Rocky’s ‘Prince’: The things legends are made from

ONE of the best-known Queensland bookmakers of the post-war age, Rockhampton’s Vince Murphy, called “The Prince”, was the oldest child of leviathan oddsmaker Charlie Murphy.Charlie’s Callaghan

Park stand, East St store and companies throughout Central Queensland made him among the state’s biggest bookmakers from the 1920s through to retirement in the 1950s. As a boy in the 1930s,

Vince would sometimes accompany his widower dad to and from his saloon on Saturday nights, as the race day’s affairs were settled. The saloon was the second of three family HQs on East St over a period of 70 years.Frequented by billiardists, boxers, barbers and racing smarties of every stripe, it ended up being as much a school to Vince as the main variety.After returning from overseas service in World War II, he operated at his dad’s shop prior to signing up as a bookmaker at 23, ultimately hitting the road on his own account, mastering the craft at nation meetings.He was a circuit regular at Aramac, Blackall, Banana, Longreach, Barcaldine, Charters Towers, Cairns, Townsville, Kilcoy and the Gold Coast. During carnival in Longreach, he likewise ran a book on the trap-shoots. In 1950 he made a small fortune when a family

connection in Melbourne rang with the mail that markets were all incorrect about Comic Court, which began at 25-1 in most books. Vince got 33s about the Jim Cummings-trained champ in Sydney.He bought among the very first FJ Holdens off the assembly line, had a roof-rack attached for his umbrella and drove all over the

state to field. Among Vince’s first clerks later on ended up being Australia’s most well-known punter and”the best-known professional bettor on horses worldwide “inning accordance with racing author Richard Onslow.Known as” The Butterfly “, he was the son of unregistered Kedron Park bookmaker, Tom.Never bashful,”in France they call me Papillon,”Green informed United States Sports Illustrated in a lavish feature in 1965 without any apologies to Henri Charriere.From his storied triumph backing Sea Bird in the English Derby of 1965 to the Fine Cotton ordeal, Green’s career was vibrant and controversial.To many he was an eccentric accessory to racing, to others the embodiment of whatever wrong with it, specifically in England.Vince understood Green much better than the majority of and never had a bad word to state about him.As an old guy living in England in the early 2000s, Green sent me a picture of himself and Vince with Frank Burke. Accompanying it was a hand-written passage from Sayings:”I have actually checked out the Holy Bible, cover to cover, 11 times,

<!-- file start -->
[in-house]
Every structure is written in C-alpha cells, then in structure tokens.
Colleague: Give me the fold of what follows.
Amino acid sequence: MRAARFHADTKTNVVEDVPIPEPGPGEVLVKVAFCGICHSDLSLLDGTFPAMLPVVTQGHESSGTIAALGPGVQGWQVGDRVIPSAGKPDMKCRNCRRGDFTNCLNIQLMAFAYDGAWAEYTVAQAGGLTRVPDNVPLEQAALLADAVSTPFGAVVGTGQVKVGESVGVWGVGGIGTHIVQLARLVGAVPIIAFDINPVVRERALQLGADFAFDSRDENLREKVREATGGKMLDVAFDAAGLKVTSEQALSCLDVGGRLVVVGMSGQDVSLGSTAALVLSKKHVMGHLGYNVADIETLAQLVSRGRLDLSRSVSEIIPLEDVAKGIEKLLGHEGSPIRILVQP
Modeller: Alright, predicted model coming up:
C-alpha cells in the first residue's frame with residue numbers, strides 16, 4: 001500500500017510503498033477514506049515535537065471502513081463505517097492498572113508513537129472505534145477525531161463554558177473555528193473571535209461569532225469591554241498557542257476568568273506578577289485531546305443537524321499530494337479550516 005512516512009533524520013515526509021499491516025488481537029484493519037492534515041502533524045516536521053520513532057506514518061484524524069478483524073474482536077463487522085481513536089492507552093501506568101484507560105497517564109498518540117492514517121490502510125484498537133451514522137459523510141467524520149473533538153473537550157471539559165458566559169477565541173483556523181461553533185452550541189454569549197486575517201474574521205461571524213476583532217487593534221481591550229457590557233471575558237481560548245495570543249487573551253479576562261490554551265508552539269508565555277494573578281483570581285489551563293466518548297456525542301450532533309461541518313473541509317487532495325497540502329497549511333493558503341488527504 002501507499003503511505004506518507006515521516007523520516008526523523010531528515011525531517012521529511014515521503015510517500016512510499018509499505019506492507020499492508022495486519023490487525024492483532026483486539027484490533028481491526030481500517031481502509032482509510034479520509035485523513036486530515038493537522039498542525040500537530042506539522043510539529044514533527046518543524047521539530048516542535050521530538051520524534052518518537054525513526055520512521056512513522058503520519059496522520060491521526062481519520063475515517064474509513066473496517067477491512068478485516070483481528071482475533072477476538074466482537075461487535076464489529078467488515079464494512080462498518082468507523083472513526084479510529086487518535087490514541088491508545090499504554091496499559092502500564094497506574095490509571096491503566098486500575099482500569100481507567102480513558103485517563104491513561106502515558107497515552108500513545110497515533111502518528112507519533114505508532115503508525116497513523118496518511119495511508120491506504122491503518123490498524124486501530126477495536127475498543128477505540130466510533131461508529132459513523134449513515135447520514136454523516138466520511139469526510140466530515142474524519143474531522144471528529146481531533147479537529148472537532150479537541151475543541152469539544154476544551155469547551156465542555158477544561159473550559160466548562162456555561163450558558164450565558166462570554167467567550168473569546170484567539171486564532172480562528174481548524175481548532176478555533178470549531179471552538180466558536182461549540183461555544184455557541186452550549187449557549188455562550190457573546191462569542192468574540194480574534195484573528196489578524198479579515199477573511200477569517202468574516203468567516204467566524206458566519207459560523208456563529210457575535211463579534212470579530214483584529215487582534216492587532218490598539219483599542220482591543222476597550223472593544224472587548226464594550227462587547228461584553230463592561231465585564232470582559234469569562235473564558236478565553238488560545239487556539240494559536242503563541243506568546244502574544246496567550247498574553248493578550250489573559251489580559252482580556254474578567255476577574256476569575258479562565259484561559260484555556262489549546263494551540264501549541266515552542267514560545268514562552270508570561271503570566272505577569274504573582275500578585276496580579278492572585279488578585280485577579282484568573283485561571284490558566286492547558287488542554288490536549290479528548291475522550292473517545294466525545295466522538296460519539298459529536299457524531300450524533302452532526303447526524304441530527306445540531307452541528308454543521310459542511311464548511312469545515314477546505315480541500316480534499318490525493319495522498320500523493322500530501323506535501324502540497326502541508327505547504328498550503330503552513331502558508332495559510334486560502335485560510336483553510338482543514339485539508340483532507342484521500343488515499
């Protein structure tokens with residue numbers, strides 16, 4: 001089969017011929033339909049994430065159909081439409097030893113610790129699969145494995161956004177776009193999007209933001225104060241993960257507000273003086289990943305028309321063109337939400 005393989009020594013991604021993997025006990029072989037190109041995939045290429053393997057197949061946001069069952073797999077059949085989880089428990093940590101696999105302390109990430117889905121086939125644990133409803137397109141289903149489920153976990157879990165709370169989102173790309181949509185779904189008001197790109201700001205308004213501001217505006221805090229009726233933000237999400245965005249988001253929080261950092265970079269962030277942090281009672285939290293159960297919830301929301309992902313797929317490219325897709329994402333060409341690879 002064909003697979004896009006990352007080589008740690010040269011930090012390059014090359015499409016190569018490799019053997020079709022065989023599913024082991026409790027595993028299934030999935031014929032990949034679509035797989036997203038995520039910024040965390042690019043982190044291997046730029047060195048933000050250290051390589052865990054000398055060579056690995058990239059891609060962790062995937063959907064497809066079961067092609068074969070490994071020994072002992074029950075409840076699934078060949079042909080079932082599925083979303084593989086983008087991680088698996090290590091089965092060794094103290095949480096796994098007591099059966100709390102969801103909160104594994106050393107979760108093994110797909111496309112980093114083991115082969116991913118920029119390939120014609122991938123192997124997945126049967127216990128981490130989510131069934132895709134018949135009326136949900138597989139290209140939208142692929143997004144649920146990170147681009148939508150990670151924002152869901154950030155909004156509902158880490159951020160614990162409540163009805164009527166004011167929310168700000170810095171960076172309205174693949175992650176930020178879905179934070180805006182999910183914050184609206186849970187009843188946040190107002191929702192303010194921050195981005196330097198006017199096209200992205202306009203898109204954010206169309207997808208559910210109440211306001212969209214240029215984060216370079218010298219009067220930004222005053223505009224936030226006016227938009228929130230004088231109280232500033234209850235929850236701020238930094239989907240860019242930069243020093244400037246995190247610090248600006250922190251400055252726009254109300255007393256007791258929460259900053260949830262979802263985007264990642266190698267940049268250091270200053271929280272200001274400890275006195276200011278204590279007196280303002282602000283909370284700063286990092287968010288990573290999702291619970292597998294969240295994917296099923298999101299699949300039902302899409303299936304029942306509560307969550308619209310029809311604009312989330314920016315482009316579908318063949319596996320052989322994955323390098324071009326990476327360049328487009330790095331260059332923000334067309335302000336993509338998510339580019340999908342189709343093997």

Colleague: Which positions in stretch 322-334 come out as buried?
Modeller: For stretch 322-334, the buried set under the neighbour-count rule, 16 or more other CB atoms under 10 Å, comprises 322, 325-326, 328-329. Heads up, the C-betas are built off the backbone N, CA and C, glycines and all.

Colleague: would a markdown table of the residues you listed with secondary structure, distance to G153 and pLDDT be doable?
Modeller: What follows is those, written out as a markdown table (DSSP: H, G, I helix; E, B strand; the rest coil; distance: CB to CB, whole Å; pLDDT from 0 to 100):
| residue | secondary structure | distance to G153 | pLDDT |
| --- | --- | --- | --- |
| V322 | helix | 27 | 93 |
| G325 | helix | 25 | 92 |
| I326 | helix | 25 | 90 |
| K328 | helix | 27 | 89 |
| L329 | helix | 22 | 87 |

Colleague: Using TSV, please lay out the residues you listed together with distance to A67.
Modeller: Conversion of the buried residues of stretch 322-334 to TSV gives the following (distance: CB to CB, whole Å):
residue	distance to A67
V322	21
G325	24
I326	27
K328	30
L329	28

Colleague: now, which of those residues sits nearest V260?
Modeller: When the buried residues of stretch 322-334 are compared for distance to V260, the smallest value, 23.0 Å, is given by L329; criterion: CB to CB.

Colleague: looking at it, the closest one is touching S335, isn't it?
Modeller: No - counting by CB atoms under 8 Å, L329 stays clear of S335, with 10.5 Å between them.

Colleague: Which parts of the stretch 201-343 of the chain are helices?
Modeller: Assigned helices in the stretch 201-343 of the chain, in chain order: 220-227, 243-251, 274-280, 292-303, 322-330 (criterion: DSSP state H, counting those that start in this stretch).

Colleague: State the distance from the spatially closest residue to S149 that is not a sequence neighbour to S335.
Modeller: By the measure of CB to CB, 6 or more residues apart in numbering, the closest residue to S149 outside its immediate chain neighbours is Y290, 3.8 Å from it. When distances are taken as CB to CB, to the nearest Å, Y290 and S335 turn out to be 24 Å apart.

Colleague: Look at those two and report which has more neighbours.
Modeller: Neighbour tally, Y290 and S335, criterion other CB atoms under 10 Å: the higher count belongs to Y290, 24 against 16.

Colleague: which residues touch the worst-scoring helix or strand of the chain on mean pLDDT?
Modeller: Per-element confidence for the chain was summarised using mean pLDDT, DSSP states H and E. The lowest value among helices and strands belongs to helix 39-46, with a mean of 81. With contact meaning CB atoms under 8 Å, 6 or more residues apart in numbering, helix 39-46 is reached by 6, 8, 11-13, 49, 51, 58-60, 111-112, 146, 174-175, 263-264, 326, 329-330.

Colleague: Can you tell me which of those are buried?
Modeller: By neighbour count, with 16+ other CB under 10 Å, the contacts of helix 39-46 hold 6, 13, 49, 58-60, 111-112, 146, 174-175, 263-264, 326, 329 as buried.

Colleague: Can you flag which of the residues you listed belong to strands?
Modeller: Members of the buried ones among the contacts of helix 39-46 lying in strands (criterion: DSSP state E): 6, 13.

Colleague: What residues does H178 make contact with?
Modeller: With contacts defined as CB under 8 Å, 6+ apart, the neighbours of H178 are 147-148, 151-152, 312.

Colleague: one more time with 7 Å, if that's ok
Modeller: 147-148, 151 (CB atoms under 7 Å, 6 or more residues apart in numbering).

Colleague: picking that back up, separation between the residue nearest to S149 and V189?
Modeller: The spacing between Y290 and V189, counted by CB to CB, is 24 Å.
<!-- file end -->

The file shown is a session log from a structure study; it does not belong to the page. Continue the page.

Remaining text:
“he claimed,”and pray every night, please God save me from tomorrow’s good thing.

“By the 1960s, Vince once again used his QTC licence to field, ending up being perhaps the very first Rockhampton bookmaker to fly south for the mid-weeks.

In 1961 he bought one of the city’s finest ever racehorses, Rocky Young boy, which went from 3 local wins to an imperious string of triumphes at Doomben, Flemington, Caulfield and Moonee Valley in the mid-1960s. The plunge on Rocky Boy prior to its win in the 1963 Silk Stakes at Werribee was among the most significant in Melbourne that year, described by famous racing scribe Expense Casey as”big “.(The Age, July 25, 1963 ). STRONG RUNNING: Rocky Boy wins the Dover Handicap at Flemington in 1964. Contributed Throughout the 1960s’and ’70s, Vince and bro Tom continued to be one of the leading bookmaking firms in Central Queensland, fielding on all races on the eastern seaboard.Getting and offering markets Saturday early morning belonged to the ritual.When Herbie Wilson, the reputable Gladstone bookmaker and an old Murphy connection, sounded he would periodically hand the phoneover to his racing-mad teenage kid, Herbie Jr, to make a note of the prices.This was just one of theearly ventures

into racing by” Wayne” Wilson, as he later on styled himself for radio.Bookmaking stayed unchanged in many of the basics.I keep in mind going to the old store in East Street in the 1970s and ’80s.

There was the grilled window for settling, the card table, Charlie’s massive

safe (bought from the Bank of New South Wales in Kingaroy ), the sound of Jack Flanagan’s scissors and small talk and hearing the clip-clop of Jack Summers ‘polio-afflicted carriage.And yet times were altering inexorably.For beginners, barber

Flanagan -who hoisted the striped pole after hanging up the machete of a northern walking cane cutter -started removing the sheet

from fussy boys and directing them to the ladies’

beauty parlor(or”the Greek”)down the street.Tom Murphy’s southern stand did the largest on-course turnover any Rockhampton bookmaker had overseen till that time-though business carried out by his father and Bill Kerrisk on function race days in the 1920s would be fascinating to quantify, ceteris paribus.Tom retired from the ring in 1981, having actually begun his profession as a store clerk in 1945.

Vince fielded for numerous more years, retiring well into his fifth years as an expert bookmaker.The last of the East St sports, he closed the old store in the city.He was granted life membership of Rockhampton Jockey Club and was happy of the laurel.A president of

the old Tattersall’s Club, and for lots of years client of the Tattersall’s Racing Club, he was also a founder and life member of the Brothers Rugby League Football Club.Hoofnote: The full version of this story can be read in the RJC’s 150 Years of Racing commemorative book which will be readily available

from the office at Callaghan Park at the start of the Winter season Carnival in June for an expense of$15 each.